I’ve been thinking a lot about student engagement lately and how to get all students in a class excited to learn. A great lesson introduction, a passionate student-centered teacher, and a classroom environment that encourages risk-taking and freedom of expression are essential ingredients. What else needs to happen?
In a 2007 report on why students drop out of school, Robert Balfanz of Johns Hopkins categorized all dropouts into four categories. One of these categories he called “fade outs,” a group of people he believed were inclined to drop out because school was not relevant for them. Fade outs are “students who have generally been promoted on time from grade to grade and may even have above grade level skills but at some point become frustrated or bored and stop seeing the reason for coming to school,” Balfanz writes in his report. “Once they reach the legal dropout age they leave, convinced that they can find their way without a high school diploma or that a GED will serve them just as well.” This lack of relevance between a student’s life and what is learned in the classroom can plague lessons and, at its worst, incite students to drop out.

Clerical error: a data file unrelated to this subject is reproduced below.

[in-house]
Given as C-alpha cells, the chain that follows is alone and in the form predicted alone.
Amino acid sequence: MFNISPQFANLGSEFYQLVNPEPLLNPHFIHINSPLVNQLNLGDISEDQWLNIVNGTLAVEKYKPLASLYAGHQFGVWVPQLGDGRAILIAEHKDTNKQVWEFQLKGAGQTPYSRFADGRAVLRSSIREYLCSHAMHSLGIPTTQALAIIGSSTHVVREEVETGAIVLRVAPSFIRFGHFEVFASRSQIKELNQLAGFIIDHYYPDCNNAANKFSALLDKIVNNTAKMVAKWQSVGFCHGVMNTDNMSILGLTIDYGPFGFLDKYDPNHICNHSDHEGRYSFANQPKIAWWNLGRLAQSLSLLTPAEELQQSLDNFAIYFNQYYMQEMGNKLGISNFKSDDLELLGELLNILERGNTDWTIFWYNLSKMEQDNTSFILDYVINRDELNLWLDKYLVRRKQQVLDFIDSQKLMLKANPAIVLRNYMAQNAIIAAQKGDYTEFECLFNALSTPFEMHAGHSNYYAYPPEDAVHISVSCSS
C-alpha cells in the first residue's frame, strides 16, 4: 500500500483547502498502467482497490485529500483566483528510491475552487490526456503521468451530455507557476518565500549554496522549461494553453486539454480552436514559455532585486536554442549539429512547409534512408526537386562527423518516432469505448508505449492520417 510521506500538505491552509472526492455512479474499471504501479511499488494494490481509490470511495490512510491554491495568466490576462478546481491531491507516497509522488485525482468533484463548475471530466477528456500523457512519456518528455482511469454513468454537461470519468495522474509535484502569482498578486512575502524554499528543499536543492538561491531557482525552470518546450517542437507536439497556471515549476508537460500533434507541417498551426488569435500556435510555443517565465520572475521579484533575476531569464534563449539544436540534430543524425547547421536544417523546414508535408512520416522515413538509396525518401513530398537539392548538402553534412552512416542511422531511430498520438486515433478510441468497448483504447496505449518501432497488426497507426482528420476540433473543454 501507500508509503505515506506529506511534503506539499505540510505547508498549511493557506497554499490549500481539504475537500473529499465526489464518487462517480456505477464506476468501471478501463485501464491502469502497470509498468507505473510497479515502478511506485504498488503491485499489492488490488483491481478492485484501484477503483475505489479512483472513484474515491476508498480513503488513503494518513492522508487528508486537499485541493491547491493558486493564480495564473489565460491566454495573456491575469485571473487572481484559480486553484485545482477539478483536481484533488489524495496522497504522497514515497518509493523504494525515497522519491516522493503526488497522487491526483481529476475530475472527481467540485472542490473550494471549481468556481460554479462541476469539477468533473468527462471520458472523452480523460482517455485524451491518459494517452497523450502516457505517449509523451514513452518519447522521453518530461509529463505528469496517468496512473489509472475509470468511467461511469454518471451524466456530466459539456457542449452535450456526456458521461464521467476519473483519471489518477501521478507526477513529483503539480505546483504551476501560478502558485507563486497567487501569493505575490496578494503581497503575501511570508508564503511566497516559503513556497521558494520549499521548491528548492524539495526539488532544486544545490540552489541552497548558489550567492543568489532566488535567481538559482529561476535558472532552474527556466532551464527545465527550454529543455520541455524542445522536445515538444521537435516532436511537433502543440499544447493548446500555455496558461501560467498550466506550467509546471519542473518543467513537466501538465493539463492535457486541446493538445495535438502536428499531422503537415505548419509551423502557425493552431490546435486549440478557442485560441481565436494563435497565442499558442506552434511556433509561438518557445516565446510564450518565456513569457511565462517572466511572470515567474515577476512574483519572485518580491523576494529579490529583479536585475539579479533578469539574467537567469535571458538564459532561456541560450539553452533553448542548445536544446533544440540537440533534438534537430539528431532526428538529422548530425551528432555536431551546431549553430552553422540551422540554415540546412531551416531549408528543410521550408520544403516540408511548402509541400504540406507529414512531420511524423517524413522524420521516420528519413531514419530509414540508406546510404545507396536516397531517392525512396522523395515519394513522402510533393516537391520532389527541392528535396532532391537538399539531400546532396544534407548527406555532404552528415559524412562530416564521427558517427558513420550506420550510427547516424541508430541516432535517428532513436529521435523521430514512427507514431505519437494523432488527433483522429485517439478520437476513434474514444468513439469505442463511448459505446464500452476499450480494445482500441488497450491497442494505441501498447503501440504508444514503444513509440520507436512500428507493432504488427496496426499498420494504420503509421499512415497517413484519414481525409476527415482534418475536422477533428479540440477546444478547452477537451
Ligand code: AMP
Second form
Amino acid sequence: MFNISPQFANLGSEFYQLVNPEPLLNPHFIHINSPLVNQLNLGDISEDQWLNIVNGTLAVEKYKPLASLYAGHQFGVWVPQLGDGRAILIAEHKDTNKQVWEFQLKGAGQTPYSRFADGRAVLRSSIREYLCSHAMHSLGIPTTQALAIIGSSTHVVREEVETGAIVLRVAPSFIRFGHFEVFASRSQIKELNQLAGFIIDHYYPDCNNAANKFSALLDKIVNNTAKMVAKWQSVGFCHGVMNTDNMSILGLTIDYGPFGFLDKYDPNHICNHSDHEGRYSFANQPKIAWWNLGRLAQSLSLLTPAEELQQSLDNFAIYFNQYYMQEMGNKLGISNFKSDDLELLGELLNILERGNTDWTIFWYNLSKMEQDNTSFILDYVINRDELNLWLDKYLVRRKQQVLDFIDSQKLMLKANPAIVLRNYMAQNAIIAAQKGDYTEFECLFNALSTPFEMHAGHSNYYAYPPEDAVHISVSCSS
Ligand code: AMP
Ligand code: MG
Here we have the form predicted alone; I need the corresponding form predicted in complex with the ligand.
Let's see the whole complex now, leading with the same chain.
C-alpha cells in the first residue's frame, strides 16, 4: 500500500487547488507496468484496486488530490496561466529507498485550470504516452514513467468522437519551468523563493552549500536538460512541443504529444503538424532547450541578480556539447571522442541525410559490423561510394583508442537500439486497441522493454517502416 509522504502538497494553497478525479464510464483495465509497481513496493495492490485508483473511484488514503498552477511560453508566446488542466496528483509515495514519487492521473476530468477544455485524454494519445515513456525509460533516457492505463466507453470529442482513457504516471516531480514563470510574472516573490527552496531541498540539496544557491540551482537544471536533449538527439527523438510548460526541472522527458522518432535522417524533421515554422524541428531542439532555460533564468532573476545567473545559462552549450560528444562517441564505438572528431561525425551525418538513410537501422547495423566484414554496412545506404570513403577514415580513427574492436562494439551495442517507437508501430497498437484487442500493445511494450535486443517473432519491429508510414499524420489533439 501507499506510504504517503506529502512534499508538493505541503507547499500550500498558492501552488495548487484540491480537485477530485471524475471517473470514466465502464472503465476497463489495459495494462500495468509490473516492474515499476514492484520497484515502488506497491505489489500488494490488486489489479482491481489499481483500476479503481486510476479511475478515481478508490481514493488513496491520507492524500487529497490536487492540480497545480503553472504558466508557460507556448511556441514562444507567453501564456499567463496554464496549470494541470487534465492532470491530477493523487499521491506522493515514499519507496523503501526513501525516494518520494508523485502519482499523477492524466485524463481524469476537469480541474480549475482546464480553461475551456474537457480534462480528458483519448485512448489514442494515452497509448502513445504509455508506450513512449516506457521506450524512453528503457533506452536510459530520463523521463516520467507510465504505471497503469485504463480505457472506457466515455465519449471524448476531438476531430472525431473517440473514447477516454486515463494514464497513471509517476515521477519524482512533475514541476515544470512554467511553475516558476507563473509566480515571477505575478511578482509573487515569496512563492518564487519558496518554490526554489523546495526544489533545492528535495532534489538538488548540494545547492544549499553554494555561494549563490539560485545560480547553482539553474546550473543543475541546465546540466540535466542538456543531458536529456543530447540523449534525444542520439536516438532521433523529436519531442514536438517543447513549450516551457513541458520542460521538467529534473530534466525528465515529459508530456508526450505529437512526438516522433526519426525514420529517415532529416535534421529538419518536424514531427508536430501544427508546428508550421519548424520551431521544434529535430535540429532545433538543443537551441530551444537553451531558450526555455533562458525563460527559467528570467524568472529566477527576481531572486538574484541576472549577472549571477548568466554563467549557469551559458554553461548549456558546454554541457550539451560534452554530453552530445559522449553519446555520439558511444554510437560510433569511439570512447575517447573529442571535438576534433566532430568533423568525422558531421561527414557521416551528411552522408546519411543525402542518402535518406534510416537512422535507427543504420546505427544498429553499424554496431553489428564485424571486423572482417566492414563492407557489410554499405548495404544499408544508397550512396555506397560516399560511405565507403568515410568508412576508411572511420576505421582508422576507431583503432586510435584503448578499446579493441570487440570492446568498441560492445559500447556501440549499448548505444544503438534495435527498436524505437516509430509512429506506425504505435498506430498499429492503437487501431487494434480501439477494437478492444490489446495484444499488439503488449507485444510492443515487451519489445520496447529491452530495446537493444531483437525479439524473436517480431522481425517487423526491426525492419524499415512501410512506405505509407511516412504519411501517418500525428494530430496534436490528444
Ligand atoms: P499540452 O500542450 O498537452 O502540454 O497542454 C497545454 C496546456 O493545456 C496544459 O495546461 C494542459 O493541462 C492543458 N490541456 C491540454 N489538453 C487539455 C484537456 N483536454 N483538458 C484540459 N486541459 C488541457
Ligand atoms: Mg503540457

Today our humanities teachers had the morning to discuss student engagement during a two-hour professional development session. We did an activity in which all teachers in our department wrote an answer to this question: What is engagement in the classroom? I loved the responses. “Engagement is getting every student actively induced in the learning process,” wrote one teacher. “Engagement in the classroom is students caring enough about your content to want to actually learn and learn more about it,” wrote another. I put all responses to the question from teachers in a word cloud to better visualize answers. A few words jump out at me. Making, sharing, connecting, participating, connected, actively, working, curiosity, and of course, relevant. For me, relevance is key. Relevance answers the age old question of why do I need to know this? Relevance is key for Robert Balfanz as well. Balfanz writes that “high schools have to actively structure their electives and the themes of the core course to stress the relevance of what is being learned to adult success” if they are to thwart the problem of fade outs. I think one of our teachers summed up the importance of relevancy better than I ever could. “Engagement is relevancy as perceived by the student,” they wrote. For educators, ensuring content is relevant to students’ lives is paramount to making the learning environment an engaging one. Using current events in class, tying content to students’ interests, and giving real-world scenerios for students to study can help bridge the gap between what is purely theoretical and what is relevant.